Scholarly
    Communications Project


Document Type:Master's Thesis
Name:Alexander Kwasi Appea
Email address:aappea@vt.edu
URN:1997/00515
Title:IN-SITU BEHAVIOR OF GEOSYNTHETICALLY STABILIZED FLEXIBLE PAVEMENT
Degree:Master of Science
Department:Civil Engineering
Committee Chair: Dr. Imad L. Al-Qadi
Chair's email:alqadi@vt.edu
Committee Members:Dr. Brian J. D. Coree, Co-Chair
Dr. Thomas Brandon, Member
Keywords:geosynthetics, geotextiles, geogrid, stabilization, dynamic loading, flexible pavement, falling weight deflectometer
Date of defense:June 20, 1997
Availability:Release the entire work immediately worldwide.

Abstract:

The purpose of a geotextile separator beneath a granular base, or subbase in a flexible pavement system is to prevent the road aggregate and the underlying subgrade from intermixing. It has been hypothesized that in the absence of a geotextile, intermixing between base course aggregate and soft subgrade occurs. Nine heavily instrumented flexible pavement test sections were built in Bedford County Virginia to investigate the benefits of geosynthetic stabilization in flexible pavements. Three groups of different base course thicknesses (100, 150 and 200mm) test sections were constructed with either geotextile or geogrid stabilization or no stabilization. Woven geotextile was used in sections 2, 5 and 8. Geogrids were used in sections 3, 6 and 9, and sections 1, 4 and 7 were controls. Six Falling weight deflectometer (FWD) tests were performed on all the nine sections over 30 months. The nine sections were subjected to at least 5 load drops with wide loading range each time. The measured deflections were analyzed using the MODULUS back-calculation program to determine layer moduli. The measured deflections were used together with elastic, viscoelastic and the MODULUS program to determine the extent of intermixing at base-subgrade interface. The study concluded that a transition layer would develop when a separator is absent, especially in the weak sections (designed to fail in three years). Other measurements such as in-situ stresses, rut depth, and subsurface profiling (using ground penetrating radar) support the conclusion of the development of a transition layer.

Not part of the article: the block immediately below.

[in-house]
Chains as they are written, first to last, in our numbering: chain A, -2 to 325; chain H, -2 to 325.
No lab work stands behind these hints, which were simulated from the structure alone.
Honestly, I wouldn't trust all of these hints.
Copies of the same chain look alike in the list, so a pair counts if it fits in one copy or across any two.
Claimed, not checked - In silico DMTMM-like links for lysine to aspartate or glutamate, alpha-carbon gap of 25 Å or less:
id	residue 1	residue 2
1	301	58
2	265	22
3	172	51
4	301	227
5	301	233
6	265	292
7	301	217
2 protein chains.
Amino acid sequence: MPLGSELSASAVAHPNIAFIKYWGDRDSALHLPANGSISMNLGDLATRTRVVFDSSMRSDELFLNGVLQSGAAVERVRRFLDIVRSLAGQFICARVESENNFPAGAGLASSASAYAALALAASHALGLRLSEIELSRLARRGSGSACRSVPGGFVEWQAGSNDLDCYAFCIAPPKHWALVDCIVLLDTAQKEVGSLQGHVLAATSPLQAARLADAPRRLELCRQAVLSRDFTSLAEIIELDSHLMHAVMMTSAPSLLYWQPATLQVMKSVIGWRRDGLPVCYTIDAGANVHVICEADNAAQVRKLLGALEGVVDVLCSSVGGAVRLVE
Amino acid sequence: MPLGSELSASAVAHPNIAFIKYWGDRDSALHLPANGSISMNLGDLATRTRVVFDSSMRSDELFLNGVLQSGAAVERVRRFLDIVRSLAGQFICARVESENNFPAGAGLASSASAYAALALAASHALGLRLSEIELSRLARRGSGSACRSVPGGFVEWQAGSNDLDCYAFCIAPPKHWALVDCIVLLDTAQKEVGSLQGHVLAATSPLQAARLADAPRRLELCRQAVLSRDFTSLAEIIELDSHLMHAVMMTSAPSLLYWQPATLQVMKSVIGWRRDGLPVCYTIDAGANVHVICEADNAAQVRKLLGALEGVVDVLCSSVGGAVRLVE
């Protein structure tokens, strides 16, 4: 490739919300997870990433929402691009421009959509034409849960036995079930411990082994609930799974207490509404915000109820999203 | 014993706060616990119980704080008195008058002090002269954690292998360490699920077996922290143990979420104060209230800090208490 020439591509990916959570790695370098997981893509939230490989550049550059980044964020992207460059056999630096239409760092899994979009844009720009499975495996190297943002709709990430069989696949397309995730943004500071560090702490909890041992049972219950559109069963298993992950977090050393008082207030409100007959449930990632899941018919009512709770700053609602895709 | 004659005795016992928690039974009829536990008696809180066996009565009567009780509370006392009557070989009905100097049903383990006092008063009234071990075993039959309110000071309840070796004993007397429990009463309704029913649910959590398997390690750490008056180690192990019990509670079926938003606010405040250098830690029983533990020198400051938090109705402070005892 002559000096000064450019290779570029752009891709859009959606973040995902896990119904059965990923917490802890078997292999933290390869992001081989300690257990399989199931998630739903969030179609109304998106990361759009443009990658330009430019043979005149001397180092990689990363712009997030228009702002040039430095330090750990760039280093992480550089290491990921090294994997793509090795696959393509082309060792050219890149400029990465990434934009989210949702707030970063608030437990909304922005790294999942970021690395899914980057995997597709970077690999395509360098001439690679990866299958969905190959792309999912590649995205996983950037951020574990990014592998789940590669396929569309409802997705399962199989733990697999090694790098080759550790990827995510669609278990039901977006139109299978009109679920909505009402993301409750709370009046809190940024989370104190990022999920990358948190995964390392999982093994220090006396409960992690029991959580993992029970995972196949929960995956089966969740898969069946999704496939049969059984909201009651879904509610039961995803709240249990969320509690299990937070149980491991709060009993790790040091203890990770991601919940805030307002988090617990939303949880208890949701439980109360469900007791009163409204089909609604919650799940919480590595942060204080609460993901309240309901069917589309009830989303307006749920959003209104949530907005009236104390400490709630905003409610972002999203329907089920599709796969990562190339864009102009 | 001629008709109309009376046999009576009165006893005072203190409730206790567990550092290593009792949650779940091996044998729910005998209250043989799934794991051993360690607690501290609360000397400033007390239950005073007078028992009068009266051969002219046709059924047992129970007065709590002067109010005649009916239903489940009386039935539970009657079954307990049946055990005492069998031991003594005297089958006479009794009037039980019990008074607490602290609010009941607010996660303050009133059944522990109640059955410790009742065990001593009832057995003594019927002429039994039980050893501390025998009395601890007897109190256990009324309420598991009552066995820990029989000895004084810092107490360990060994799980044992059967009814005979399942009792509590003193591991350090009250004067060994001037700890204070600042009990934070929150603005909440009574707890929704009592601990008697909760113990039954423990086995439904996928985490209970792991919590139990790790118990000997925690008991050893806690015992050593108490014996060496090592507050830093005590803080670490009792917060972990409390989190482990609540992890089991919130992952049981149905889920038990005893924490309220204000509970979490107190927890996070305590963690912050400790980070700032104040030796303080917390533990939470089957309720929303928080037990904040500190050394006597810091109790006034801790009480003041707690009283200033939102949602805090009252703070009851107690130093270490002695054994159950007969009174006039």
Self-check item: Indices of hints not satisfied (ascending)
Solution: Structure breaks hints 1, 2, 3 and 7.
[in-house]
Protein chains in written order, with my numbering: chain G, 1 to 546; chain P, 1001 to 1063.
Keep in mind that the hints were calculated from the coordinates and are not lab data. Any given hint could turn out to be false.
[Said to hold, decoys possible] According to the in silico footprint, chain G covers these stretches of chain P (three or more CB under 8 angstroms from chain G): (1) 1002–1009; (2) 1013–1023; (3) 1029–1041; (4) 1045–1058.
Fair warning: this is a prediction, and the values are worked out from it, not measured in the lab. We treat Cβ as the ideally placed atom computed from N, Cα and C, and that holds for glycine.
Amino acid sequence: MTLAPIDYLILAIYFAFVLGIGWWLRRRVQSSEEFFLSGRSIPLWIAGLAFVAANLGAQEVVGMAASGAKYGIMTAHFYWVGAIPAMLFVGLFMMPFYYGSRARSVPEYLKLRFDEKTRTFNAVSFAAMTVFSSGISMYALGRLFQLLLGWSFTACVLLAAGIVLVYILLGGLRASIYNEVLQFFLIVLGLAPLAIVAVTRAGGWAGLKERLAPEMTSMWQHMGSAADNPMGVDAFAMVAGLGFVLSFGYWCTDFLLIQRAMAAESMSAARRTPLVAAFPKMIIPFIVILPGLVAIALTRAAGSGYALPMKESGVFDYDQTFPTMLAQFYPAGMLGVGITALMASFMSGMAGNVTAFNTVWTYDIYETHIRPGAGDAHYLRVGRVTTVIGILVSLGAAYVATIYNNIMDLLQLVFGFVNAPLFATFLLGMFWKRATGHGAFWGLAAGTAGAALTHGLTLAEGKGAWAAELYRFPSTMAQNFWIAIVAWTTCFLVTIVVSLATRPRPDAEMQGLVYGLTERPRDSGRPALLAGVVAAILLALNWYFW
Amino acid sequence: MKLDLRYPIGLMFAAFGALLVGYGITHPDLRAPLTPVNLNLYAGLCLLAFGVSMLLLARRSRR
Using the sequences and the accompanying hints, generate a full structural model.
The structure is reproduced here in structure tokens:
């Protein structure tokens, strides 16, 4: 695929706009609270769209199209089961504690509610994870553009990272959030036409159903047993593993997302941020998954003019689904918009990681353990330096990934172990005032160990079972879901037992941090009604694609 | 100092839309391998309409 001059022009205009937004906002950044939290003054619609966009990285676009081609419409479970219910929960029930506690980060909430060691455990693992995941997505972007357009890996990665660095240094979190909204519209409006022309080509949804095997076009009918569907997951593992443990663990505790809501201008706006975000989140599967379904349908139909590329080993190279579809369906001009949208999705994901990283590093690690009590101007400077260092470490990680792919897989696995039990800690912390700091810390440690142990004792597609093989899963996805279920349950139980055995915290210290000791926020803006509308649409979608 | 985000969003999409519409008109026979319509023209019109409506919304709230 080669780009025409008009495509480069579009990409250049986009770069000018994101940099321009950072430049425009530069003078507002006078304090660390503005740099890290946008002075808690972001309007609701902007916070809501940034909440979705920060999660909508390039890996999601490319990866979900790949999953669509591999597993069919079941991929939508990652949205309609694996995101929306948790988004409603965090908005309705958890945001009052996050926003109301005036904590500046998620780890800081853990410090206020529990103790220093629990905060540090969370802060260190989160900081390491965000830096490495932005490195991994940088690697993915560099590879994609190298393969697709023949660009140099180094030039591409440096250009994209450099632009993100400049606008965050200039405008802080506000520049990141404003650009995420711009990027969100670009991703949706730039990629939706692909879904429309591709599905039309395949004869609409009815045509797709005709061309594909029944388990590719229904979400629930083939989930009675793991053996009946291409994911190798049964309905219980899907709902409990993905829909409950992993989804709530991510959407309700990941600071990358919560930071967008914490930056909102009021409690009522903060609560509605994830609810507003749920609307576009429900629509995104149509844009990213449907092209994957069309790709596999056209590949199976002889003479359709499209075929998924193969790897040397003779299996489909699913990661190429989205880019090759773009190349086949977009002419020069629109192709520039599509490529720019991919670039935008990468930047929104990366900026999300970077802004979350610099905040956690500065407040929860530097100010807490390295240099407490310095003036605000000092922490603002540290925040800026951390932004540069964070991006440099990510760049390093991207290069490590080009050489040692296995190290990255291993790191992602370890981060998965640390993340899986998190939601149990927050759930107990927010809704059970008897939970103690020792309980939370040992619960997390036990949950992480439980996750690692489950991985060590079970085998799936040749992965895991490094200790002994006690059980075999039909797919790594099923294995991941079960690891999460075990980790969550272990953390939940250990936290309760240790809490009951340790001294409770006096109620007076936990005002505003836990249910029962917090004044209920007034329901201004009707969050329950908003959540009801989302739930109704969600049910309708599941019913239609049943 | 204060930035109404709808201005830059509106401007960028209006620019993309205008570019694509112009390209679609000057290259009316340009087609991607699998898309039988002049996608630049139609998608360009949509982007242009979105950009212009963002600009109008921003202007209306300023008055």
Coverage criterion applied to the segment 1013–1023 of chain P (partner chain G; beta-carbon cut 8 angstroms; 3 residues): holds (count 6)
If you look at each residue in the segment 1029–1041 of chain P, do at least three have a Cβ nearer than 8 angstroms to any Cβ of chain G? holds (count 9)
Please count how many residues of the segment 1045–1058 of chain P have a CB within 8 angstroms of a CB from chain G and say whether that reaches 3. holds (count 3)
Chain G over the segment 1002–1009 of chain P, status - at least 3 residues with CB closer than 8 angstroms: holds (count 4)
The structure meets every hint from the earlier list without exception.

List of Attached Files

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